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Losing Power

Page history last edited by mberry 14 years, 6 months ago

Losing Power





     The Constitution states that “The President, Vice President and all civil officers of the United States, shall be removed from Office on impeachment for, and conviction of, treason, bribery, or other high crimes and misdemeanors.” The power of the President has been defined by the Constitution, and this power is kept in check by the Supreme Court. If the President violated one of these rules, then there would be a possibility he would face impeachment. The House of Representatives would try to make a strong and fit argument for impeachment. These resolutions are then passed to the House Judiciary Committee and decide whether or not these allegations should be for open debate in the House. The House would then vote on impeachment. The House Judiciary Committee then investigates the accusations further. The President will be impeached on a 2/3rds vote in the House. After s/he is impeached, her/his trial is held by the Senate with the Chief of Justice residing.  A 2/3 vote in Senate would convict the President and remove him/her from office.  The only Presidents to be impeached were Andrew Johnson and Bill Clinton.  Neither were convicted.


After the Civil War, America went through a “Reconstruction Period.” There was a large political battle for control between Radical Republicans and the Democratic Party. Andrew Johnson was one of the Democratic Presidents during this time. He and the majority leading Republicans were in a constant battle over power. He was impeached in 1868 by the House of Representatives because he violated the Tenure of Office Act. This act prohibited the President from removing an official appointed by the previous President without the consent of the Senate. The President was allowed to suspend these officials but not remove them. Andrew Johnson wanted to remove Secretary of War Edwin Stanton. The Senate refused to allow Stanton’s removal. Ignoring this decision, Johnson appointed Lorenzo Thomas as Secretary of War. Because this violated the Tenure Office Act, the House moved to impeach Johnson in 1868.  Johnson escaped conviction in the Senate by 1 vote.  This decision can be widely known as political expedience. It was possible that the Republicans wanted to impeach Johnson because of his political views and when he violated the Tenure Office Act, this gave them the opportunity to impeach Johnson.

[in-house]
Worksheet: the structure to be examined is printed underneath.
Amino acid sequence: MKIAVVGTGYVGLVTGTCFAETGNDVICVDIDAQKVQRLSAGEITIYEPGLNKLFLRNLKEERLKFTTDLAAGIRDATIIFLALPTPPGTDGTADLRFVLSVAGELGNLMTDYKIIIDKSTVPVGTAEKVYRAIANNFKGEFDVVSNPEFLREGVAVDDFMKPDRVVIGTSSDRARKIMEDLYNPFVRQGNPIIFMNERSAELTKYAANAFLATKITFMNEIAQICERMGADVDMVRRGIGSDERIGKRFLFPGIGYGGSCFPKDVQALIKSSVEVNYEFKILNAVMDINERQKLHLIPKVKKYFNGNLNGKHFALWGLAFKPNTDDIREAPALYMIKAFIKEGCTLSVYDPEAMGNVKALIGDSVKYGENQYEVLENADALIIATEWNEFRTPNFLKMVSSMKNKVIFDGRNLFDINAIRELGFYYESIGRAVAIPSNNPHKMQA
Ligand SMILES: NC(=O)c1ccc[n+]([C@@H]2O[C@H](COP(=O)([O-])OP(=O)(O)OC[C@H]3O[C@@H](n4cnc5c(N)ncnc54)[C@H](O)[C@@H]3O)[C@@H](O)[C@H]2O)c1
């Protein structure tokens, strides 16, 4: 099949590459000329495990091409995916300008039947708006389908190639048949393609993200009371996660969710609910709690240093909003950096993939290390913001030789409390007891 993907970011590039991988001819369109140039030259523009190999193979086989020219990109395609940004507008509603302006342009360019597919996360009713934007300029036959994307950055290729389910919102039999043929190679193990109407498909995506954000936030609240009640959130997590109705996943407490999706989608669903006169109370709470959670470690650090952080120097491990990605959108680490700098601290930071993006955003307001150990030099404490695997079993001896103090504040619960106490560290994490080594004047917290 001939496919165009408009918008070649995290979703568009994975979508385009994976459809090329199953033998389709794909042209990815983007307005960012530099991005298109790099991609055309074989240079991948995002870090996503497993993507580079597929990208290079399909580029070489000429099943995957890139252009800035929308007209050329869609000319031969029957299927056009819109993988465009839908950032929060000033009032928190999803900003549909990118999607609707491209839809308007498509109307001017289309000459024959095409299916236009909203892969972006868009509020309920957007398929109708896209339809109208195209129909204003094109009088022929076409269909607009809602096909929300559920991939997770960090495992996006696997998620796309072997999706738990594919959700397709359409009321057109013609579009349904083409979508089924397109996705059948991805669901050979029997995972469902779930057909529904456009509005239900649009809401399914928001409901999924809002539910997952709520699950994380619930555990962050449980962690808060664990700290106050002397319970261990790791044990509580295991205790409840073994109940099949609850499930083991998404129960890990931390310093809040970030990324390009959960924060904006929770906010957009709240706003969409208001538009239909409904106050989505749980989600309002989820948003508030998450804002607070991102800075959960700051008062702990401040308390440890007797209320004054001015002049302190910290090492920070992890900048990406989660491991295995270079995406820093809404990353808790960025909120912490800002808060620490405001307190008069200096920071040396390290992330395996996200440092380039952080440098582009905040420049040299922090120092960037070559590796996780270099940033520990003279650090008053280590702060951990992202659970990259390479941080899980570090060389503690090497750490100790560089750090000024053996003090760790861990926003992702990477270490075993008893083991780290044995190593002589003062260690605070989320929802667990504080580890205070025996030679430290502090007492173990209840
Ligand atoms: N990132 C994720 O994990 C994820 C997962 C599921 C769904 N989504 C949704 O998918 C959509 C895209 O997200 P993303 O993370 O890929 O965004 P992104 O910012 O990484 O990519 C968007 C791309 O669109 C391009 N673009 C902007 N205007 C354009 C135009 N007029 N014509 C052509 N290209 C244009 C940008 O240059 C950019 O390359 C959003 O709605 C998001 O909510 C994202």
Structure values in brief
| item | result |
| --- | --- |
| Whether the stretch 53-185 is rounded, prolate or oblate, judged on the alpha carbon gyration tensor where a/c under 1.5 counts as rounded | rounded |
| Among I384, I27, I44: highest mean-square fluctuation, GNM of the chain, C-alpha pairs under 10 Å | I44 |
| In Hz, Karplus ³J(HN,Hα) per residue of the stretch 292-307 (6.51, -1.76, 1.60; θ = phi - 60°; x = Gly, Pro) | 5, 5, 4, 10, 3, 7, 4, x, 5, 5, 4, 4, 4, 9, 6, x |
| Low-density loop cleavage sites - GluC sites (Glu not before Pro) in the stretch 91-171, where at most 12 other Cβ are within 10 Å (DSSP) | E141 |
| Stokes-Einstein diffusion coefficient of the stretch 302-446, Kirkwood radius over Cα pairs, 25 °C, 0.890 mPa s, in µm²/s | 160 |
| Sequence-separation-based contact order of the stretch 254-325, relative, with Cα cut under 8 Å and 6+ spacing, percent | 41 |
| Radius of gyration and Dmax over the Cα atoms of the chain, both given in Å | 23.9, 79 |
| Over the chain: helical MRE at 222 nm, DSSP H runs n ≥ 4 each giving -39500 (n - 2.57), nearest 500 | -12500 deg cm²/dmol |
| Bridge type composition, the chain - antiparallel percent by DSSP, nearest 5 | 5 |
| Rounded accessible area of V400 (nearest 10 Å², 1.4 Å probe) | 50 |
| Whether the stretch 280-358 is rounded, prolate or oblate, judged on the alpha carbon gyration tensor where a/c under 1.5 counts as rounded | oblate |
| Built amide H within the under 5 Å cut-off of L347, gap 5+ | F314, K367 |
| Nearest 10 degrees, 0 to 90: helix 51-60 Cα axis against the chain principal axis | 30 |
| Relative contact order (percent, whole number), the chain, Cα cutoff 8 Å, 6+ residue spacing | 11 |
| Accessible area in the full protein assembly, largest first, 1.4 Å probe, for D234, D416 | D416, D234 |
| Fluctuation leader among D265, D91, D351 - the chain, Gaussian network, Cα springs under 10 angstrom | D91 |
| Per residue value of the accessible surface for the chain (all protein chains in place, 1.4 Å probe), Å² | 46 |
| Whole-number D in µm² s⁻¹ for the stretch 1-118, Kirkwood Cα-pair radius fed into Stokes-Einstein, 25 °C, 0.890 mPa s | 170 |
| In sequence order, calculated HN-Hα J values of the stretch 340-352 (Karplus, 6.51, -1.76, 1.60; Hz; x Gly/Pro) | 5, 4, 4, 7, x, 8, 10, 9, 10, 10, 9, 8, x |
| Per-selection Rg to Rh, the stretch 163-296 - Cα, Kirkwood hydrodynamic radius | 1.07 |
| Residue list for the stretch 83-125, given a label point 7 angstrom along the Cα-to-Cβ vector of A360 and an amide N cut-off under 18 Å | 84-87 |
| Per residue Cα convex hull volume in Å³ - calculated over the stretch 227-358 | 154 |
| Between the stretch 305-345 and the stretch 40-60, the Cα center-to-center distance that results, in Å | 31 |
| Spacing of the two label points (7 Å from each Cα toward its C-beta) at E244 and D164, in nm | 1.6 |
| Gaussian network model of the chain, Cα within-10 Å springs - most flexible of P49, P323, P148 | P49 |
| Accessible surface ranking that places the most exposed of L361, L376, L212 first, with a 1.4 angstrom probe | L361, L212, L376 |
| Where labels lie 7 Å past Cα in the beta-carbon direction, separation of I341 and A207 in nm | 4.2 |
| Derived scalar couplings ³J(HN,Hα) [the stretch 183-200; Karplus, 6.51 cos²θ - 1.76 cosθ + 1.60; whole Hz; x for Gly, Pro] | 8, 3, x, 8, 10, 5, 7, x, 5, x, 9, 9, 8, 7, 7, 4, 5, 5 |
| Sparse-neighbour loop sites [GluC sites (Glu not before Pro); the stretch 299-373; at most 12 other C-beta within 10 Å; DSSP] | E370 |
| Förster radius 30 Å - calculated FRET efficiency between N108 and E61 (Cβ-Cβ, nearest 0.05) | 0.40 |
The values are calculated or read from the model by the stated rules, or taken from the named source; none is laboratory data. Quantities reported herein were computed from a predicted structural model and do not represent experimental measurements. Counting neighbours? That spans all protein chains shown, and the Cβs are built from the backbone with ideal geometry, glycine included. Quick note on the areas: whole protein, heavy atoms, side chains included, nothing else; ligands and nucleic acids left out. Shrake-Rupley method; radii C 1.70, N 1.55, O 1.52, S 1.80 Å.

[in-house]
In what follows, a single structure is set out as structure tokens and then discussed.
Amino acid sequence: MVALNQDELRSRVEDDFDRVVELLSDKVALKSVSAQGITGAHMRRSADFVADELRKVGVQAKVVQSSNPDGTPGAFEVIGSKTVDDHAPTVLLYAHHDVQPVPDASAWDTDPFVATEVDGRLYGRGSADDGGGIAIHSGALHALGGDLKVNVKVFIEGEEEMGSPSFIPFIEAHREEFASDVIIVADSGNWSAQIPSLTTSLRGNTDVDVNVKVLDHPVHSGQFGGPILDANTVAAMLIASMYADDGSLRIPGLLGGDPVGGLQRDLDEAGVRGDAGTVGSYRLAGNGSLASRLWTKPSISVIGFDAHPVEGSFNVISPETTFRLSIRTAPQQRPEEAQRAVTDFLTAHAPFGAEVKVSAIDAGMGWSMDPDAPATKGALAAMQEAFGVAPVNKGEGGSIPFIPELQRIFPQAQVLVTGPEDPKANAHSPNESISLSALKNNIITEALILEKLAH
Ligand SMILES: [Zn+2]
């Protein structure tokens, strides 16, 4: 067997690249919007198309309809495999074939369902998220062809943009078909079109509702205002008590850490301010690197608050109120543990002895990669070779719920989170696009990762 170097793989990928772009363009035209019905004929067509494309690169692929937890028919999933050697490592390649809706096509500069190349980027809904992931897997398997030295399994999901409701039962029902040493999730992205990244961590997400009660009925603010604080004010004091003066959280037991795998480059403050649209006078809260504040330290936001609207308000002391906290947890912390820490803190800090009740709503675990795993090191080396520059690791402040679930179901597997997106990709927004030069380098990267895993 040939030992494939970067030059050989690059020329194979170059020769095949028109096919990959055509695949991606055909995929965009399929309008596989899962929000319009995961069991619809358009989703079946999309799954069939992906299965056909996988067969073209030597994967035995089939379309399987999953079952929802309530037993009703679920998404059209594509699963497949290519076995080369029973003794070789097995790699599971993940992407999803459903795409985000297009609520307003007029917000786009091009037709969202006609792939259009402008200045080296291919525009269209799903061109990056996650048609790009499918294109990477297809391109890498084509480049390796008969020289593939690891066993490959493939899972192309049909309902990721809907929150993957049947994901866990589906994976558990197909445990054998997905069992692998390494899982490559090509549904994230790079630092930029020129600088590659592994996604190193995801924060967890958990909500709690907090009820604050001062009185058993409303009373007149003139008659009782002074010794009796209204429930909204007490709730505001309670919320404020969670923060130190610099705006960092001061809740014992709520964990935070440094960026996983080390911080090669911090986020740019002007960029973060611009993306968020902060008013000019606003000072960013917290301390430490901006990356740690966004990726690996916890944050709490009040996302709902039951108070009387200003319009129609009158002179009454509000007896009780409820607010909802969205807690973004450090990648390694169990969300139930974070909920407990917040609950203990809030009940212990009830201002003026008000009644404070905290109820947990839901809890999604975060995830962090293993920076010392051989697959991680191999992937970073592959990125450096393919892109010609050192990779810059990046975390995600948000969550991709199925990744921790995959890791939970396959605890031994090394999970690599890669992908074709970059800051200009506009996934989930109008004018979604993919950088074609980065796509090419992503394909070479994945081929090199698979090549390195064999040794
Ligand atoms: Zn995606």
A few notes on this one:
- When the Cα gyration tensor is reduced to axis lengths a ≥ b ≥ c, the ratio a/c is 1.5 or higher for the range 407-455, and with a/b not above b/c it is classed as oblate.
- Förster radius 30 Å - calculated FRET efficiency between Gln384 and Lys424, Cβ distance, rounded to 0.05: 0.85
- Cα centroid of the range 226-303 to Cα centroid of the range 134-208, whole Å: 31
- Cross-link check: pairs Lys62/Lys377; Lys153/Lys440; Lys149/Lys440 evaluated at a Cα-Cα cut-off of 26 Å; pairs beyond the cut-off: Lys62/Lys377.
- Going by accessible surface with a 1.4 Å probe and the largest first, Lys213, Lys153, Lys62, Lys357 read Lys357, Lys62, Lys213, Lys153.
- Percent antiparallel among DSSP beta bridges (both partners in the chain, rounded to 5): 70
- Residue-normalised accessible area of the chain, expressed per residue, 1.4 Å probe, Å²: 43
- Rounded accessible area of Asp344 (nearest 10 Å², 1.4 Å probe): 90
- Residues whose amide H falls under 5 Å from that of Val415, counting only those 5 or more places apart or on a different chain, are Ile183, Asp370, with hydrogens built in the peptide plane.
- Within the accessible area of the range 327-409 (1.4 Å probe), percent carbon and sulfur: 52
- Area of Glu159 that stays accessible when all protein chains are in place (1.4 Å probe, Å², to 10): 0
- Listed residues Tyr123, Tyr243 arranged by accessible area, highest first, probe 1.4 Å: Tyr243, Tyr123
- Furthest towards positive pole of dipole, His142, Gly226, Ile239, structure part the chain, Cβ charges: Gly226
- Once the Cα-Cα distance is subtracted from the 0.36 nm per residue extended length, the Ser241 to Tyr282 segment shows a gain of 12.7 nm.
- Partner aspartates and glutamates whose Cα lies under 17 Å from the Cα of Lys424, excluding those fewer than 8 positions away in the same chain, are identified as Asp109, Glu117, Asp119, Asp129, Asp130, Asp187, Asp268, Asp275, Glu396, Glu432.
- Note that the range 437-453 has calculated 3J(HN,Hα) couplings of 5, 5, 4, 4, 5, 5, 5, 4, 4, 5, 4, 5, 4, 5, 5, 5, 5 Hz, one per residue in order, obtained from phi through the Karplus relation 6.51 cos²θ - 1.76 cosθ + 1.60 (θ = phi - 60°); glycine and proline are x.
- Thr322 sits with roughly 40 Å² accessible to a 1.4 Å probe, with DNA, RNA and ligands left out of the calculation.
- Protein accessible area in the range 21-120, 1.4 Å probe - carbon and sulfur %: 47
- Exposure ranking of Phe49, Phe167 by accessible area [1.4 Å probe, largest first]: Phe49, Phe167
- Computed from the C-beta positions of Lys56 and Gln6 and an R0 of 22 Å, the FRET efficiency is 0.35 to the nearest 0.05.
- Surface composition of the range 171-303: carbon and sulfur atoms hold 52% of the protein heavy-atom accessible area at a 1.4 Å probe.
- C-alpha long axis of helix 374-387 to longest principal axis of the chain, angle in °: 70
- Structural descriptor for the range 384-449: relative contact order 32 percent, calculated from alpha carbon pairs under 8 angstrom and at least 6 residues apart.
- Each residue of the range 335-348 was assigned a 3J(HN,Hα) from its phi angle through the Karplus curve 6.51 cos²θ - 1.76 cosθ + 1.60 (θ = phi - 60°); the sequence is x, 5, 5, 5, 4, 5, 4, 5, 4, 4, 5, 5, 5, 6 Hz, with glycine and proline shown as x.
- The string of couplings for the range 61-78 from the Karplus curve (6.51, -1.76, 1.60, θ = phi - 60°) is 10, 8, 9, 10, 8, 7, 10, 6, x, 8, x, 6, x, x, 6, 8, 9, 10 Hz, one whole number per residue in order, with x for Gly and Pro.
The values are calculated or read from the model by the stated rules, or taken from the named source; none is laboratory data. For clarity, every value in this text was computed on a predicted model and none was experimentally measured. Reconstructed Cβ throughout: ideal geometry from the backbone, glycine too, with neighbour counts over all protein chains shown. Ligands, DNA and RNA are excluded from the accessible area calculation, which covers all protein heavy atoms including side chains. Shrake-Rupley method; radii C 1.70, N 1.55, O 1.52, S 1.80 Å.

Photo of Andrew Johnsonhttp://www.whitehouse.gov/about/presidents/andrewjohnson


       President Clinton was impeached in 1998 by the House of Representatives under the charges of perjury, obstruction of justice, and abuse of power. These charges arose from the relationship with Monica Lewinsky. Word escaped when Monica Lewinsky told a co-worker about her relationship with Clinton. Both Clinton and Lewinsky denied having sexual relationships, but when videos were released about their scandal, both Clinton and Lewinsky confessed to having an inappropriate work relationship. The real issue, though, was whether Clinton had lied under oath...which would have been a "high crime" since the President promises to uhold the Constitution and the rule of law.  Clinton was not convicted.  He still remains a strongly influential man. He was the second President to get impeached.




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